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Weapon Confusion

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Unintended: A Theory of Taser / Weapon Confusion

Editor’s Note: Studying performance errors in policing can be difficult for researchers who cannot ethically replicate the dangerous conditions present in lethal force encounters. To overcome this limitation, researchers routinely consider evidence derived from other professions and industries (e.g., aerospace (Airbus), aeronautics (NASA), pharmaceutical, occupational safety and health, medical, industrial engineering, and transportation). Recent events...
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What Force Science Still Teaches About BART Case, Despite Court Ruling

In the nation’s highest-profile case of weapons confusion, the California Court of Appeal has ruled that a jury verdict of involuntary manslaughter was reasonable and a two-year prison sentence was warranted for former officer Johannes Mehserle, who swore that he thought he was deploying his Taser when he actually drew his pistol and fatally shot...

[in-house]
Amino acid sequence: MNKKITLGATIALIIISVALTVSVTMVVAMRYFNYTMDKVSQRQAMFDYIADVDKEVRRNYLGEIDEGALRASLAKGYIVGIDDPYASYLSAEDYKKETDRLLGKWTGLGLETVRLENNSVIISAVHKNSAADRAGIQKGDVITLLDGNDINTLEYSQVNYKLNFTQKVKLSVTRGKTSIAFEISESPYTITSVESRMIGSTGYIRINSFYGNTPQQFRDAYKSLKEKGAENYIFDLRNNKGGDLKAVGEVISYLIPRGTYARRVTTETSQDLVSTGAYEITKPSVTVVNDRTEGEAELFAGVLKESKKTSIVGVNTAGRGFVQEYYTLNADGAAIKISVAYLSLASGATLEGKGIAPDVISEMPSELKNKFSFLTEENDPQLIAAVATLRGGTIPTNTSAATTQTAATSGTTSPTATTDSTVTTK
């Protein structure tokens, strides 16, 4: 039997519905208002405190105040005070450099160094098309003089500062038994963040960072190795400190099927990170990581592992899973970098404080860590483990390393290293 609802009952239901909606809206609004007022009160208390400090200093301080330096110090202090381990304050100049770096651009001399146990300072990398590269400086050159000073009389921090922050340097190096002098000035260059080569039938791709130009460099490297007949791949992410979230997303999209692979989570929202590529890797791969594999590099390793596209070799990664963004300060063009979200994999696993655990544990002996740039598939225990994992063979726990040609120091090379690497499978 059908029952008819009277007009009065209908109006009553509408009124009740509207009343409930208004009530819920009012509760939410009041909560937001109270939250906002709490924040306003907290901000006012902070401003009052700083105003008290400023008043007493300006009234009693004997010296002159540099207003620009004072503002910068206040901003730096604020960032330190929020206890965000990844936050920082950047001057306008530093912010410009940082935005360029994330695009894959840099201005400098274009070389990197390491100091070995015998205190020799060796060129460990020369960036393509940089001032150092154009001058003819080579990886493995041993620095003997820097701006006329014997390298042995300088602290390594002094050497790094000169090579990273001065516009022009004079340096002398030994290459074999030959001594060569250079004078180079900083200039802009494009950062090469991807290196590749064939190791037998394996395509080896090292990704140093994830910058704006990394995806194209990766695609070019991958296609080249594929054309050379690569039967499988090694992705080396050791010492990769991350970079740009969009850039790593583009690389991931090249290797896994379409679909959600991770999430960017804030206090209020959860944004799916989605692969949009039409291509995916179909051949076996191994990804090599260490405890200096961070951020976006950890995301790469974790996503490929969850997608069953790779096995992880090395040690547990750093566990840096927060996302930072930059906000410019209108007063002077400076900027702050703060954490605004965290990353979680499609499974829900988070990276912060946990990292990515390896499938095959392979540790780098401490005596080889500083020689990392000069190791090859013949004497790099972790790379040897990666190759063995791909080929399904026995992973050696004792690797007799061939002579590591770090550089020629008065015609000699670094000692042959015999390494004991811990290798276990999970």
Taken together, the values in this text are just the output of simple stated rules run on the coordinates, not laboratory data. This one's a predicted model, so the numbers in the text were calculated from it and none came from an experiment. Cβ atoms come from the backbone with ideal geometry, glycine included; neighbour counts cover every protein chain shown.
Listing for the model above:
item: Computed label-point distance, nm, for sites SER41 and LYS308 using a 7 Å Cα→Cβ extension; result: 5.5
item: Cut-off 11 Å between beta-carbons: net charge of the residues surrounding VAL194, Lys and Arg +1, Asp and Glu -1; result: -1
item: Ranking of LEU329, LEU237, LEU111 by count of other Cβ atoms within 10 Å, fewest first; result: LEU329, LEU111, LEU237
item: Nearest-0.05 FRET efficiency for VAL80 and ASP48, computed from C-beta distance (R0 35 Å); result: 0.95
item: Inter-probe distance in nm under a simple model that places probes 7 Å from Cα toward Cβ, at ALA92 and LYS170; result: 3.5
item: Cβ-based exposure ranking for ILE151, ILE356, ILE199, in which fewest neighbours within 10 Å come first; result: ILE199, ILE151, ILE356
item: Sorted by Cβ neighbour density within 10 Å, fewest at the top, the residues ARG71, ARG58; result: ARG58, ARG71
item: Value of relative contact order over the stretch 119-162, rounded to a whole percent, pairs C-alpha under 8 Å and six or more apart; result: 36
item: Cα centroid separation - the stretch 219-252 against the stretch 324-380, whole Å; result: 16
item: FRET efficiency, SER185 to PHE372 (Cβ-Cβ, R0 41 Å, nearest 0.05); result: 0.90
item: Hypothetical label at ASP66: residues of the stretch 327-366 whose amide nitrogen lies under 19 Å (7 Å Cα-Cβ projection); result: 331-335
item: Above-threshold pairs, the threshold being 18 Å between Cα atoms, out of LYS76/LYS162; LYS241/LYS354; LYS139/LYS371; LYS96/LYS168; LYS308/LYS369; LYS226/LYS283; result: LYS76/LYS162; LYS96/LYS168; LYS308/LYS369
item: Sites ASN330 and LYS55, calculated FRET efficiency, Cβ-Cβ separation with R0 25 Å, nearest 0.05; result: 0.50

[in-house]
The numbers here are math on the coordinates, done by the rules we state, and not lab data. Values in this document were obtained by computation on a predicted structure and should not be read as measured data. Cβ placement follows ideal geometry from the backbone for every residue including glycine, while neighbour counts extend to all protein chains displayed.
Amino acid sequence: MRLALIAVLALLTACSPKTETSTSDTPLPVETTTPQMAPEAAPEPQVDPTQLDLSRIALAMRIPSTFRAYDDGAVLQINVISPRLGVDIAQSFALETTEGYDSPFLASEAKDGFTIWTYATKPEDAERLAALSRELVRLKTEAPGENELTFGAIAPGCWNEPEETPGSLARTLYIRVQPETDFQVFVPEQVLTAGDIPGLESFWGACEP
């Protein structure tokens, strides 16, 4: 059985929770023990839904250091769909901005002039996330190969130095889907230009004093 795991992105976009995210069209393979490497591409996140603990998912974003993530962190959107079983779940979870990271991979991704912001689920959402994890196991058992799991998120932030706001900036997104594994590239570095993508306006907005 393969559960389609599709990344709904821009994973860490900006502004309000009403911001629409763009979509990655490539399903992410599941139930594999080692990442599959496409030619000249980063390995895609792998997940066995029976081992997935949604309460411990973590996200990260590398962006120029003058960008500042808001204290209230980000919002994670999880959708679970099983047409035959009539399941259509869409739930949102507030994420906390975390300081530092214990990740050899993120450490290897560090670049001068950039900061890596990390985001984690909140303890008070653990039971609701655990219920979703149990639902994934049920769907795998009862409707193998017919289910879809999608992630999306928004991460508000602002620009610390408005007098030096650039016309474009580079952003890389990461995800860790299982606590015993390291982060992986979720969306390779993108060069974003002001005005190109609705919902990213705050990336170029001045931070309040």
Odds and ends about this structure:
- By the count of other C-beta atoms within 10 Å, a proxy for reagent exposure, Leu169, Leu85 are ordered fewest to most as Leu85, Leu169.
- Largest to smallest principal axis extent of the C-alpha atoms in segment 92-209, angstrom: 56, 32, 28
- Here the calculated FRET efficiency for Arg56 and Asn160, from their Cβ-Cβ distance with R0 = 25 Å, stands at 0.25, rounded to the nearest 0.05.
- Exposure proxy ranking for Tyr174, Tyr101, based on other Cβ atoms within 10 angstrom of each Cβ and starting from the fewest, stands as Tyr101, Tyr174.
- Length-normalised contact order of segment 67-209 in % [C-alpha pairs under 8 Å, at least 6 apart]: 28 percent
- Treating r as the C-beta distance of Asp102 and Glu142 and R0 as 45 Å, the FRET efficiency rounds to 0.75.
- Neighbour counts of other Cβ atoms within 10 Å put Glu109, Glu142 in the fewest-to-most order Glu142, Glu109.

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First Roundup Of “Weapon Confusion” Cases Now Available Free

In at least nine incidents in the U.S. and Canada, officers have mistakenly drawn their sidearm—thinking they were deploying their Taser—and unintentionally used deadly force against uncooperative suspects. In at least two cases, the subjects have died, while others have sustained serious injuries. Often in these unfortunate events, the involved officers have become central figures...
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Force Science Explains “Slips-And-Capture Errors” And Other Psychological Phenomena That Drove The Fateful BART Shooting

Two expert witnesses with Force Science backgrounds are believed to have been influential in a jury’s recent decision to reject a murder conviction of a former transit officer accused of deliberately shooting an unarmed suspect in the back during a handcuffing scuffle. The witnesses, Dr. Bill Lewinski, executive director of the Force Science Institute, and...
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